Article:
DVTO2 2012 March 8

Thanks, Farinam.  So is the flatness of the bread due to my difficulties with structuring the dough.  I had it rolled up tighter and taller but it fell during the 2nd proof - is this why one uses a banneton?

farinam's picture
farinam 2012 March 8

Hello DVTO2,

Generally, as far as I use the terms anyway, the first stage of production from mixing the dough, through developing the dough (by kneading, stretch and fold or whatever) up to the stage of shaping the loaf is classified as bulk ferment or preferment.  After the loaf has been shaped is classified as proving.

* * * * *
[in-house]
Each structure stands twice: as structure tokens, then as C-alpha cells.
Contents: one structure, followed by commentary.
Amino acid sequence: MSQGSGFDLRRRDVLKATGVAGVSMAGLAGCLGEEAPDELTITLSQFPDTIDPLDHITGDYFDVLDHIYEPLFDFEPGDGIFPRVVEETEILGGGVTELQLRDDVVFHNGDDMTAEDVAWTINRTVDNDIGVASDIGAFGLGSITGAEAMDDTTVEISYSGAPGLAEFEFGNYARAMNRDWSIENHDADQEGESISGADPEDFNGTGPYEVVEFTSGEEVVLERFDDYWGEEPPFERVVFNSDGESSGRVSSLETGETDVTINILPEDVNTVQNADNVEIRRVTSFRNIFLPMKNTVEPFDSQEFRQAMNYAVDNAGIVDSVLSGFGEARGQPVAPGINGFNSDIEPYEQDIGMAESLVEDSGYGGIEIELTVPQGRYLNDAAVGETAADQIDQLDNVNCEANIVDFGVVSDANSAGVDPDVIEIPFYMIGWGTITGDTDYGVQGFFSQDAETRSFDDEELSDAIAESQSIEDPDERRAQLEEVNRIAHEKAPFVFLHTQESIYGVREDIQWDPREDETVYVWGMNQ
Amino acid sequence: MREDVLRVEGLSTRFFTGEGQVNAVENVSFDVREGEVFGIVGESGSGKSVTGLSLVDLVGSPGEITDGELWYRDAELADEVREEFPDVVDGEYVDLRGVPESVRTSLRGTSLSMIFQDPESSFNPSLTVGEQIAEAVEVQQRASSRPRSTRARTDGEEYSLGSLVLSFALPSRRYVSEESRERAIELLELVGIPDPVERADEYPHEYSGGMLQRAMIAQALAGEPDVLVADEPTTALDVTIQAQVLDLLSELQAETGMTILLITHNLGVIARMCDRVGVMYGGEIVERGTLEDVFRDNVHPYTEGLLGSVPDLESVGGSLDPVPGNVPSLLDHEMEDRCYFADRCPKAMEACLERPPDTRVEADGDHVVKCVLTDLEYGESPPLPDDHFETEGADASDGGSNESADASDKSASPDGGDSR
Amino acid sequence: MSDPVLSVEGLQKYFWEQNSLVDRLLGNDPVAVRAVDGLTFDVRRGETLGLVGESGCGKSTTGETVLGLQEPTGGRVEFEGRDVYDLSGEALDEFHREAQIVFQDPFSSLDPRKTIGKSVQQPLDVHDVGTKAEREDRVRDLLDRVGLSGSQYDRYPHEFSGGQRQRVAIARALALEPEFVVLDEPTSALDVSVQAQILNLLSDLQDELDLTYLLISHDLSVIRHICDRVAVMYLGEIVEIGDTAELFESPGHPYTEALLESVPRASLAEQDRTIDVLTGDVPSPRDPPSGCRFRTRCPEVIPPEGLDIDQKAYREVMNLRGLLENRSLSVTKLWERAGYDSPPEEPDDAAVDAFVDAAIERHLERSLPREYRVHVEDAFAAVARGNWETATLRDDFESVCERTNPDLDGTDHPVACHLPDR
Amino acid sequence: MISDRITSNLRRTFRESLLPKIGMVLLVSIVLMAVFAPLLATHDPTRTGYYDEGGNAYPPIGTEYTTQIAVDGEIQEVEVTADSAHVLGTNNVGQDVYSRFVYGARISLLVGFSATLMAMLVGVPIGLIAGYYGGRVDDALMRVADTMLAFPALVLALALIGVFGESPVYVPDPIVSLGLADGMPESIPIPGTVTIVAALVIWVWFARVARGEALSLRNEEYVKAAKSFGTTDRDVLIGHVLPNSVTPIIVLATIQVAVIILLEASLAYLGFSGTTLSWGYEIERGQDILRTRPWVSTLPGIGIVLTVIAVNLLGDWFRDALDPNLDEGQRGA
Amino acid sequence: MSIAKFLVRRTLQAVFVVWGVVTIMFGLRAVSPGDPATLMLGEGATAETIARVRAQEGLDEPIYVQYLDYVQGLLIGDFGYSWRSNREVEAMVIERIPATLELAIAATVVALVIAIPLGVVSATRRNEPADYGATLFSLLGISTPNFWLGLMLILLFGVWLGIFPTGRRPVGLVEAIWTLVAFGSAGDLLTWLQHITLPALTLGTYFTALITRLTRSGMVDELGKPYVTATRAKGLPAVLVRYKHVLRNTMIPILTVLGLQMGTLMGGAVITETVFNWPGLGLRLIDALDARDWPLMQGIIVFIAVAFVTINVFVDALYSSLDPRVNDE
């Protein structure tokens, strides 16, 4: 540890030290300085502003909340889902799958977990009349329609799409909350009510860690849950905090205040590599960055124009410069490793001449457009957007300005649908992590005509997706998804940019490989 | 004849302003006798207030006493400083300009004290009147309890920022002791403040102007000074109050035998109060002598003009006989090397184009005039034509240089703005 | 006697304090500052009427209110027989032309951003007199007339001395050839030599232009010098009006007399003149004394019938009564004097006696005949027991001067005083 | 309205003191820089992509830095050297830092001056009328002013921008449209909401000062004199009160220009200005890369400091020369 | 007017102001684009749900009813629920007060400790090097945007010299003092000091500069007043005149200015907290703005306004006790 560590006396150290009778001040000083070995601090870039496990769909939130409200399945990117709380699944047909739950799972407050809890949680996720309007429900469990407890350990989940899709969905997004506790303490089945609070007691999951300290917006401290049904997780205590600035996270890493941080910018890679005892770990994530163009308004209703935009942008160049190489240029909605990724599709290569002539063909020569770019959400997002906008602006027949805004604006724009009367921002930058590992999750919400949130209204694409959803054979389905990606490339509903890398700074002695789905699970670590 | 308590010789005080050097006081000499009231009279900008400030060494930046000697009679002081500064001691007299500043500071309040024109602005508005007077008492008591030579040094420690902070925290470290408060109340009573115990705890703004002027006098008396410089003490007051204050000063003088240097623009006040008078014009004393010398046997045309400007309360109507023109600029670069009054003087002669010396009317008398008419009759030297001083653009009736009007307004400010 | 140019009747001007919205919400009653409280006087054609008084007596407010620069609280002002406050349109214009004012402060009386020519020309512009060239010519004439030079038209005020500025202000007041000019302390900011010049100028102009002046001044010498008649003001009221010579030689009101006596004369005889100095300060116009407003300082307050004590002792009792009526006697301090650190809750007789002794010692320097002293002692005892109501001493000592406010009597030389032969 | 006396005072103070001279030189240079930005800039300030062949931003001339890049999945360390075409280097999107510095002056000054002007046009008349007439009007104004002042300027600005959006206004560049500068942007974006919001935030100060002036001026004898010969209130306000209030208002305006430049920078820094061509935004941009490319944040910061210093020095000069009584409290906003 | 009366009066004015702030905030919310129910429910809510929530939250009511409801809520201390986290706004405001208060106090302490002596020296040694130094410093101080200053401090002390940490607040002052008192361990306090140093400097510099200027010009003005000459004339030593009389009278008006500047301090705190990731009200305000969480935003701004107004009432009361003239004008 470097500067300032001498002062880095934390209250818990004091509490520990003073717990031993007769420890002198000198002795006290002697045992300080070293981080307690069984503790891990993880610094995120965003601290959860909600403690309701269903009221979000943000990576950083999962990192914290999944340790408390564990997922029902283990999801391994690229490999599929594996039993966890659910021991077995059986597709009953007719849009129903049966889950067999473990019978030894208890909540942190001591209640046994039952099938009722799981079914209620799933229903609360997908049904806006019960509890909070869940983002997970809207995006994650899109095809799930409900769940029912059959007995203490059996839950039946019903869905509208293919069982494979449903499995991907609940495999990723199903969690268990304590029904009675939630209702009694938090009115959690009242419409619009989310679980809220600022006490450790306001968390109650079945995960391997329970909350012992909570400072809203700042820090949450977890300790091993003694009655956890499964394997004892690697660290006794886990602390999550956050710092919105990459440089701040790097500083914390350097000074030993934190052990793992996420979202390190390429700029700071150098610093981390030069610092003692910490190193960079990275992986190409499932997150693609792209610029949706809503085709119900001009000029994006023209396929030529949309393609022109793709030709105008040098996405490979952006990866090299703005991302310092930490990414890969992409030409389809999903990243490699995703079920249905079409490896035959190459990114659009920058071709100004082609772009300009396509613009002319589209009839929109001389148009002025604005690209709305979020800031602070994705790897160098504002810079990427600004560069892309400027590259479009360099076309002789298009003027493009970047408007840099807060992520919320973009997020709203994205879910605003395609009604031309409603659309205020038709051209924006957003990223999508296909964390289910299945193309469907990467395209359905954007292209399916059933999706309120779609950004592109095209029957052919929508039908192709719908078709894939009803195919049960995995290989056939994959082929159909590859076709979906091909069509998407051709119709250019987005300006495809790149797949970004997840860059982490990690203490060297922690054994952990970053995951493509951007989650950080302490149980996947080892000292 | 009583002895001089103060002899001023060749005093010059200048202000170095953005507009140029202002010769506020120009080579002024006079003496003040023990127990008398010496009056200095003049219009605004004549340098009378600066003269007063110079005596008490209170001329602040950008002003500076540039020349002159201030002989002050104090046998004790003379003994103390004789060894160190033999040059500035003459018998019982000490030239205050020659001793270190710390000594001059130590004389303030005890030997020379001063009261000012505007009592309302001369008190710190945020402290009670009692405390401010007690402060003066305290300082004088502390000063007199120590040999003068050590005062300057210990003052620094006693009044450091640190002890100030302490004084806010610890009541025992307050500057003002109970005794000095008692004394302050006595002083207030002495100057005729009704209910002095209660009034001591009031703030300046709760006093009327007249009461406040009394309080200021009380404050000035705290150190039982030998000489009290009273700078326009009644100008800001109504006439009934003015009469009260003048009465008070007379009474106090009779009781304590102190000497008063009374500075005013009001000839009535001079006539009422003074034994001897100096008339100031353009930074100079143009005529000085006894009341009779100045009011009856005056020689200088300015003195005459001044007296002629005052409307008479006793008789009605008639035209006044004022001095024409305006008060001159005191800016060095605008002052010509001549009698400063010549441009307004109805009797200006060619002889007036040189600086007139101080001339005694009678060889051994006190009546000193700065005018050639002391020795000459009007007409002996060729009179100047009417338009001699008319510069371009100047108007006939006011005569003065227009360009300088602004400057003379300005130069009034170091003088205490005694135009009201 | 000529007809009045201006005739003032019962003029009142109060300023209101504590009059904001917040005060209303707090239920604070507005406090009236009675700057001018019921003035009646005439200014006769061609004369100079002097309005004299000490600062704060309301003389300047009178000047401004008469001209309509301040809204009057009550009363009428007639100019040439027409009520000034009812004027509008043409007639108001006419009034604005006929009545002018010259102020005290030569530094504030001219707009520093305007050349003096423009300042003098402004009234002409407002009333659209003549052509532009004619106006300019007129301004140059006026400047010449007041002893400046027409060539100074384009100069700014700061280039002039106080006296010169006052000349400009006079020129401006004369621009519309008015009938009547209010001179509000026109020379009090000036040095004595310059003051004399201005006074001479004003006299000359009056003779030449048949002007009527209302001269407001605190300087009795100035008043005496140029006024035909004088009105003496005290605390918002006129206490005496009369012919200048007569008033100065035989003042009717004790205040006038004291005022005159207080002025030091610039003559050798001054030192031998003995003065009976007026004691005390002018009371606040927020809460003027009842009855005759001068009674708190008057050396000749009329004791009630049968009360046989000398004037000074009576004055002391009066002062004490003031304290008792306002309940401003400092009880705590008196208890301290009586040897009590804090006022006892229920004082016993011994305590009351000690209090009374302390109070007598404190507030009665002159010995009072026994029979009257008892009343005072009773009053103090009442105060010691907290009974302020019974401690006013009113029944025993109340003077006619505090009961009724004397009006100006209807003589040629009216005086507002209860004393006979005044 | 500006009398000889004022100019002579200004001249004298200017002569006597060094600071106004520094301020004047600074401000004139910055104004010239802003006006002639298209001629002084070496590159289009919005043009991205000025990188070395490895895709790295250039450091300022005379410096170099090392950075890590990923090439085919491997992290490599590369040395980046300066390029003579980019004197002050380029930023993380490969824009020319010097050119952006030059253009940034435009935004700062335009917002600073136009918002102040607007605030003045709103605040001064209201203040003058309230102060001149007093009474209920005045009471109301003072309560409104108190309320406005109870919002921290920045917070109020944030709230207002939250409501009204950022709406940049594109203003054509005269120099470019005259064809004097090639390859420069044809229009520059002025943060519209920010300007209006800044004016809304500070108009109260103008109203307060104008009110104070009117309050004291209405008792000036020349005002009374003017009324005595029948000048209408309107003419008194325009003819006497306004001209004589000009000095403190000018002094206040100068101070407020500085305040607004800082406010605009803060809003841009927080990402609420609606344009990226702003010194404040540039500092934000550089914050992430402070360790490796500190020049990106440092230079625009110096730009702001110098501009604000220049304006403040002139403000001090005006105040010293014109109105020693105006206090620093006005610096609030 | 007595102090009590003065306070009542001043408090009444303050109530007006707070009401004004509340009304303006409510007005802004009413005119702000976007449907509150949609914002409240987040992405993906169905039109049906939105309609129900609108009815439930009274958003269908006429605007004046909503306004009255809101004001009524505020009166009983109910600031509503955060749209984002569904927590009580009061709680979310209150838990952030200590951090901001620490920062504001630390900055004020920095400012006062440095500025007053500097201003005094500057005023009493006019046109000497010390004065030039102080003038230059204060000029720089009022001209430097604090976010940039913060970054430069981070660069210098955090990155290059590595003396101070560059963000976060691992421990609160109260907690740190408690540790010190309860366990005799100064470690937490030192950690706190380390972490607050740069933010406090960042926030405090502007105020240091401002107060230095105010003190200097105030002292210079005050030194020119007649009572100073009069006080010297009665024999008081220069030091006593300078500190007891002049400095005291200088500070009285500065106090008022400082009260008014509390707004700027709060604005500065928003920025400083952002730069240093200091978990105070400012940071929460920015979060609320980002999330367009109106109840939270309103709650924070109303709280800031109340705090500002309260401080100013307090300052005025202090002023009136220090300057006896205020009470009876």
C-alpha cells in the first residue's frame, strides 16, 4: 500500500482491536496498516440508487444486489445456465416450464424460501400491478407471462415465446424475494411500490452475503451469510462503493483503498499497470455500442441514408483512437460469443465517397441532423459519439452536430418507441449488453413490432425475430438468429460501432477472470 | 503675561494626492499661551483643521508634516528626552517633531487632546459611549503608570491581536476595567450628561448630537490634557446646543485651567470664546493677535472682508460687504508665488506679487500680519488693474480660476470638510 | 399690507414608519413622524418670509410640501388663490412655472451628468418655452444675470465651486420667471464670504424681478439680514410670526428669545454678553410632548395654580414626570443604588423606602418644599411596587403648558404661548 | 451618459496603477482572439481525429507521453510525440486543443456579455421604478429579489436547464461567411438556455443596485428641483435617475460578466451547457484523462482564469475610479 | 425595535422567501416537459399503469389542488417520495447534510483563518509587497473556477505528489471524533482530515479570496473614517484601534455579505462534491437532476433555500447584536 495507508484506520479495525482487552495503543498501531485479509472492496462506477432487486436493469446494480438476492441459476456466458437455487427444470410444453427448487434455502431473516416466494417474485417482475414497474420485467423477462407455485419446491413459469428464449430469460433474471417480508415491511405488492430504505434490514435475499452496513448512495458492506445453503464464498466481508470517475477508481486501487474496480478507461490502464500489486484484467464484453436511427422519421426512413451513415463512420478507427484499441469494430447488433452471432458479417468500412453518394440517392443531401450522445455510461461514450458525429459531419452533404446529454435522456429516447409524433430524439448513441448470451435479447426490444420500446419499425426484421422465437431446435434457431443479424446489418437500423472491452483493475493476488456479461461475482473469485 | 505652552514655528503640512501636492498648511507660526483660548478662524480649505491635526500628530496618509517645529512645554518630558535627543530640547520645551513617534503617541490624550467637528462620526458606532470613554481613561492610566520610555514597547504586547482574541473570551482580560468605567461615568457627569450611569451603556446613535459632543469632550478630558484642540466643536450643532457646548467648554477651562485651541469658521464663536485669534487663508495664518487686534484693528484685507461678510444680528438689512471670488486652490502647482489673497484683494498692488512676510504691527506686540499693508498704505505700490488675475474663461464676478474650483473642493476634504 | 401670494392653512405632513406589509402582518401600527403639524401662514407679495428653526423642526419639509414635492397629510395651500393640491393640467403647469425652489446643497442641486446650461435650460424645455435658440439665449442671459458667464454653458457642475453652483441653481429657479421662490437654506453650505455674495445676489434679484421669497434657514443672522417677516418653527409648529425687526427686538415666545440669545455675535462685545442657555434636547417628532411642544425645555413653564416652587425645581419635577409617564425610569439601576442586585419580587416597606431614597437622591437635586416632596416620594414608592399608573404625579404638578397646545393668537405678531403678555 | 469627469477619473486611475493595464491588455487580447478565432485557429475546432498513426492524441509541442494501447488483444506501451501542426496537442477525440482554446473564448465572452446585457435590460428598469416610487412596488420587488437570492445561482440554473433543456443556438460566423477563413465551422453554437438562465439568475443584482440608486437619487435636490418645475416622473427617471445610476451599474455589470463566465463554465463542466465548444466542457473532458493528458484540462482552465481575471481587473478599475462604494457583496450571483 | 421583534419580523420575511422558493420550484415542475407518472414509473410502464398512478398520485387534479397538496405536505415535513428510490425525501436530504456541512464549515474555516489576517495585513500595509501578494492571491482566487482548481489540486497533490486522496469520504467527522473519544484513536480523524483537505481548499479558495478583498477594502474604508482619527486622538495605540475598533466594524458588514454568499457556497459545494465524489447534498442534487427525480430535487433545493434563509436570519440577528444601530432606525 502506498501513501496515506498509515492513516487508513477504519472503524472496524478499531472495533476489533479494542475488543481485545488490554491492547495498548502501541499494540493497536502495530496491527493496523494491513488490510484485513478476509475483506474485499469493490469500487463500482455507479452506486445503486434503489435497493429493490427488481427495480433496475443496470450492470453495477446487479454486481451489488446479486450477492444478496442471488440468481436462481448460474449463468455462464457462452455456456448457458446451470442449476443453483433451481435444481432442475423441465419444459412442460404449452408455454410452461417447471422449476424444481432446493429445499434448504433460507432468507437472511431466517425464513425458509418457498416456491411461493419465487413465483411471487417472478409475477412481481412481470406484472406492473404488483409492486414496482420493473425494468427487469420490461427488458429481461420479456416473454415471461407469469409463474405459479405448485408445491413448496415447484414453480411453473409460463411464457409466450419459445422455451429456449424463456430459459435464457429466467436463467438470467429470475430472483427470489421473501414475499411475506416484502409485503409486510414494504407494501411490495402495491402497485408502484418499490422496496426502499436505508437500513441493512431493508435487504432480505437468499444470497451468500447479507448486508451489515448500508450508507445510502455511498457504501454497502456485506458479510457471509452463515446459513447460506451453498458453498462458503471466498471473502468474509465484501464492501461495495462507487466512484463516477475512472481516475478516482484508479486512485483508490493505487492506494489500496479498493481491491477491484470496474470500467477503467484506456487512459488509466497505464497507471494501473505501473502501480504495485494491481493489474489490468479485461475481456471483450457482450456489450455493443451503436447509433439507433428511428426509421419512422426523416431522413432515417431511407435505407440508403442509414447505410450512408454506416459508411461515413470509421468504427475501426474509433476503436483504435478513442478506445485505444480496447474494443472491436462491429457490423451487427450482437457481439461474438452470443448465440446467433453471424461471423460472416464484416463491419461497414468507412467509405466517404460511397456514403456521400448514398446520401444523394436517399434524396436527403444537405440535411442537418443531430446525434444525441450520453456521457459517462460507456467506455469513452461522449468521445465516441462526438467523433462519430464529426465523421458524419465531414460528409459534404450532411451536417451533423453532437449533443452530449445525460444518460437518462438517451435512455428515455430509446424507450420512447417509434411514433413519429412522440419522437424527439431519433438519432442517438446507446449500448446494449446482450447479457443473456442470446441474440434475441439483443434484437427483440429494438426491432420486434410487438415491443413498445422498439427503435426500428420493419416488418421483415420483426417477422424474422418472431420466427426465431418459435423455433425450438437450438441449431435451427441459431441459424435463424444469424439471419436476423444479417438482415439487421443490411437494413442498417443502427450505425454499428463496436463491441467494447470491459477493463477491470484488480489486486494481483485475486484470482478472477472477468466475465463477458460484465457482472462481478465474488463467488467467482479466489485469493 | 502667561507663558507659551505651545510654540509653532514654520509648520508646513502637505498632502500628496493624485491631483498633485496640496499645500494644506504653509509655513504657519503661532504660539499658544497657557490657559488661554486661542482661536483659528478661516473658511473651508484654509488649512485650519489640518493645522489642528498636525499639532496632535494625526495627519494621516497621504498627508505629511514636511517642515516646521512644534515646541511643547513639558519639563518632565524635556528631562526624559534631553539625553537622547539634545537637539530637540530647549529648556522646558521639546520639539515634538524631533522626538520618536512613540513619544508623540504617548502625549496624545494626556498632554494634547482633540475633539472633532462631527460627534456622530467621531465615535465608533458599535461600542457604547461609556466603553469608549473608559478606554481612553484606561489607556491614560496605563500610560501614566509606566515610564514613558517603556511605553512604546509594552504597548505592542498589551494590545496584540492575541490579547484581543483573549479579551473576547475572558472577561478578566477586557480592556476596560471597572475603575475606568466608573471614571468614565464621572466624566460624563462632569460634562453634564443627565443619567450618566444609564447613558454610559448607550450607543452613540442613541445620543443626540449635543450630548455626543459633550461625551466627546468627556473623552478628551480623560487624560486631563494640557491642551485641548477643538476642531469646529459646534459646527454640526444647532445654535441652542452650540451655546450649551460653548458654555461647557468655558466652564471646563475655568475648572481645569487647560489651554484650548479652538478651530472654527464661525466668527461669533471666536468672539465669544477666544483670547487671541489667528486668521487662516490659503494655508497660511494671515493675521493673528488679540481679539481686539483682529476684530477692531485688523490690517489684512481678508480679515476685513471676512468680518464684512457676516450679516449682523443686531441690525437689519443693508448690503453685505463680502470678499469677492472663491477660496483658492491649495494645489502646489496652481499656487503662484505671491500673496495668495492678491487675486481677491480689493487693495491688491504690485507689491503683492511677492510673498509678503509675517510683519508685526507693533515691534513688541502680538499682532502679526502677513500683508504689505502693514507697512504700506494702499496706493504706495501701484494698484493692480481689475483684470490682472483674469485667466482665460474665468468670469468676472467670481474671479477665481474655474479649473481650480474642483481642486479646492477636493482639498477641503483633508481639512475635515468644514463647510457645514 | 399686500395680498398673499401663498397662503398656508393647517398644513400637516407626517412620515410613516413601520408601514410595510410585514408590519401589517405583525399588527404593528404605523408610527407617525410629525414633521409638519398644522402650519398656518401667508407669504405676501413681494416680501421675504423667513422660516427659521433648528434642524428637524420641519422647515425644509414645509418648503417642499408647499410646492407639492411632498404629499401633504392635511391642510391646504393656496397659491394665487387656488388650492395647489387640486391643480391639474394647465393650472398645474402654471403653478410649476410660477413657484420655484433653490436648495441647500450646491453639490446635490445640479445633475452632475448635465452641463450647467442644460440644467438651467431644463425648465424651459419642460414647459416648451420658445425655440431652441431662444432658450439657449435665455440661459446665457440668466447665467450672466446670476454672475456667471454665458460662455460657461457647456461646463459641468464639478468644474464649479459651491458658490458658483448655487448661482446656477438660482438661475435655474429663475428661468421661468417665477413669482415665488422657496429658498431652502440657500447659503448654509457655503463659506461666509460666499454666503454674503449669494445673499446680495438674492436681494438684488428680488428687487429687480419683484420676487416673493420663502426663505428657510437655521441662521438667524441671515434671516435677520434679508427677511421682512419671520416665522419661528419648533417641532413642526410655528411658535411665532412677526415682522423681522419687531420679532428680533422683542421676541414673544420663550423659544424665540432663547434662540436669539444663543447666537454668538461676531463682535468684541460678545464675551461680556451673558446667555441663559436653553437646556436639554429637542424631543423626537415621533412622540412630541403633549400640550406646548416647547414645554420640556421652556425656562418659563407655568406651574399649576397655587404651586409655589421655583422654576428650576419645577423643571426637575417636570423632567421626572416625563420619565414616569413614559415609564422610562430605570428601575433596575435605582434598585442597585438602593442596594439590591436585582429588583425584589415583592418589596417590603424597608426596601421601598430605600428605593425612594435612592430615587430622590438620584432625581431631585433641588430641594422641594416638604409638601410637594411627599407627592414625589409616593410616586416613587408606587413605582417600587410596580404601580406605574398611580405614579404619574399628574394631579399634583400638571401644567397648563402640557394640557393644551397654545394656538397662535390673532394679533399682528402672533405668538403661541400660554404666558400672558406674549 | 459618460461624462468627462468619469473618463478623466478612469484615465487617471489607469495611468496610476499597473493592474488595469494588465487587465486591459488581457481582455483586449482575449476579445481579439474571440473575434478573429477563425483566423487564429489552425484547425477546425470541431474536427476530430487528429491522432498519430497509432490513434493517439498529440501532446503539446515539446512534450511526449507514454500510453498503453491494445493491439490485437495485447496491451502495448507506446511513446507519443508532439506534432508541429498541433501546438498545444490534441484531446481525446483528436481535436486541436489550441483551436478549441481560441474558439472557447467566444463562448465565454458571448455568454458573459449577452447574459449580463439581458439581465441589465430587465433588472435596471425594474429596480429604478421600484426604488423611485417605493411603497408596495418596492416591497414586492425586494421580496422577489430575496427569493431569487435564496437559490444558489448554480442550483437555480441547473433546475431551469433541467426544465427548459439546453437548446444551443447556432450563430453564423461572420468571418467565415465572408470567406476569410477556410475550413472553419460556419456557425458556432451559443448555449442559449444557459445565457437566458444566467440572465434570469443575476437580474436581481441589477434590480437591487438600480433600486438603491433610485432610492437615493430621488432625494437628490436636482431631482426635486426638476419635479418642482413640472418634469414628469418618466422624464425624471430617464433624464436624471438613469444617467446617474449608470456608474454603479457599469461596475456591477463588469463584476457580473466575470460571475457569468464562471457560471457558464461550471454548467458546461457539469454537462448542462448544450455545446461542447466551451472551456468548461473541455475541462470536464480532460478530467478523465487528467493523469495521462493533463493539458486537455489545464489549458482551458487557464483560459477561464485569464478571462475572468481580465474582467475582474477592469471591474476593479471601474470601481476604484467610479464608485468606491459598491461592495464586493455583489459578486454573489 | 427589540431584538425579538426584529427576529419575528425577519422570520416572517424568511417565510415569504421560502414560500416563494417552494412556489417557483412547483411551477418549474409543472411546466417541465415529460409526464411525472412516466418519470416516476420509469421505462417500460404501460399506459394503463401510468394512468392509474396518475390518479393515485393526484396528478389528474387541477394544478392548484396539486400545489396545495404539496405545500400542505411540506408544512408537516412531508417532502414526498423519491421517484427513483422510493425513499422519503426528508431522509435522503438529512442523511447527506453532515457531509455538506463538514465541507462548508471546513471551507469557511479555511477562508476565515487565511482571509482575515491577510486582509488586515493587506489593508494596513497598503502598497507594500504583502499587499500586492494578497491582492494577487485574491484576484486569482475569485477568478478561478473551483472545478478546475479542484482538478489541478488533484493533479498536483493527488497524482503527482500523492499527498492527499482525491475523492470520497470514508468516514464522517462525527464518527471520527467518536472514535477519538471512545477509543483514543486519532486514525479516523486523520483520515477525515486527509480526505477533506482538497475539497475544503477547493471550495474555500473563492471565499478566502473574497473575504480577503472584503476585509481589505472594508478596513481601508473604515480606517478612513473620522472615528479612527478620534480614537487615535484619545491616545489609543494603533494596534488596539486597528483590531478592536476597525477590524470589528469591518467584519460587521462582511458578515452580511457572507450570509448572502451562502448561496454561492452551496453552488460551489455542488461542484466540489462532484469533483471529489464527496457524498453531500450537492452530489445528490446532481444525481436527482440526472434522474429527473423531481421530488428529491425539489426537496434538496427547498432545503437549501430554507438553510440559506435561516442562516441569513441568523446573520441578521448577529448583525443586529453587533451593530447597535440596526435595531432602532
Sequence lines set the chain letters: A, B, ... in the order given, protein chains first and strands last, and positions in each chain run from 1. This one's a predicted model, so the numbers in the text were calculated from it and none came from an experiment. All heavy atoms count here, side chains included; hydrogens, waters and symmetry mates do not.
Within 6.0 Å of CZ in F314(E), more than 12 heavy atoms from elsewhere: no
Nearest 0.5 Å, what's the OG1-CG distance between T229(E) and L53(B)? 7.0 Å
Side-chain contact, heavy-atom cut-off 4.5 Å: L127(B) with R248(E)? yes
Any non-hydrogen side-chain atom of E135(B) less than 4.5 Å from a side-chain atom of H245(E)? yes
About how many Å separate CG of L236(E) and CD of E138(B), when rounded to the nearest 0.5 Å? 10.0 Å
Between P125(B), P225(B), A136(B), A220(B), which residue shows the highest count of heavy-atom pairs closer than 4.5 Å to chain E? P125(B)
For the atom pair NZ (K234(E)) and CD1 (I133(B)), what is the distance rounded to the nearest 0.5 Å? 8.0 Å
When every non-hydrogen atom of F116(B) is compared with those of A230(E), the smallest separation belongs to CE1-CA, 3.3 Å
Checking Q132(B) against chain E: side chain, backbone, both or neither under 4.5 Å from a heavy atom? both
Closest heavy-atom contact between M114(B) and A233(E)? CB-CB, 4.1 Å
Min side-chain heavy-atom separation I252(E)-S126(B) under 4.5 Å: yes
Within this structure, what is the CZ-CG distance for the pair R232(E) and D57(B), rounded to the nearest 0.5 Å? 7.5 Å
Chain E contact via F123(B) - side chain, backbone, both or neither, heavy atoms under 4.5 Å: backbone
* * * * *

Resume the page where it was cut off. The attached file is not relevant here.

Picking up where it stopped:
I assume that what you have called 2nd proof is actually what I would call just proving.  Your post suggests that this was 4 hours.  Your didn't indicate how long the process had been going before this.

The loaf does look as if the dough was fairly slack and if your ingredient measurement was all correct, I would not normally expect that to be the case for this recipe.  That leads me to think that somehow your dough has over proved which will cause slackness as the gluten starts to break down.  This can also give rise to the pale colour because all of the sugars have been used up and there are none left to take part in the browning reactions.

Other causes of a pale crust are lack of salt, low oven temperature and too much steam in the oven.  I would certainly try another loaf at a higher oven temperature.  Have you checked your oven temperature with an oven thermometer or similar?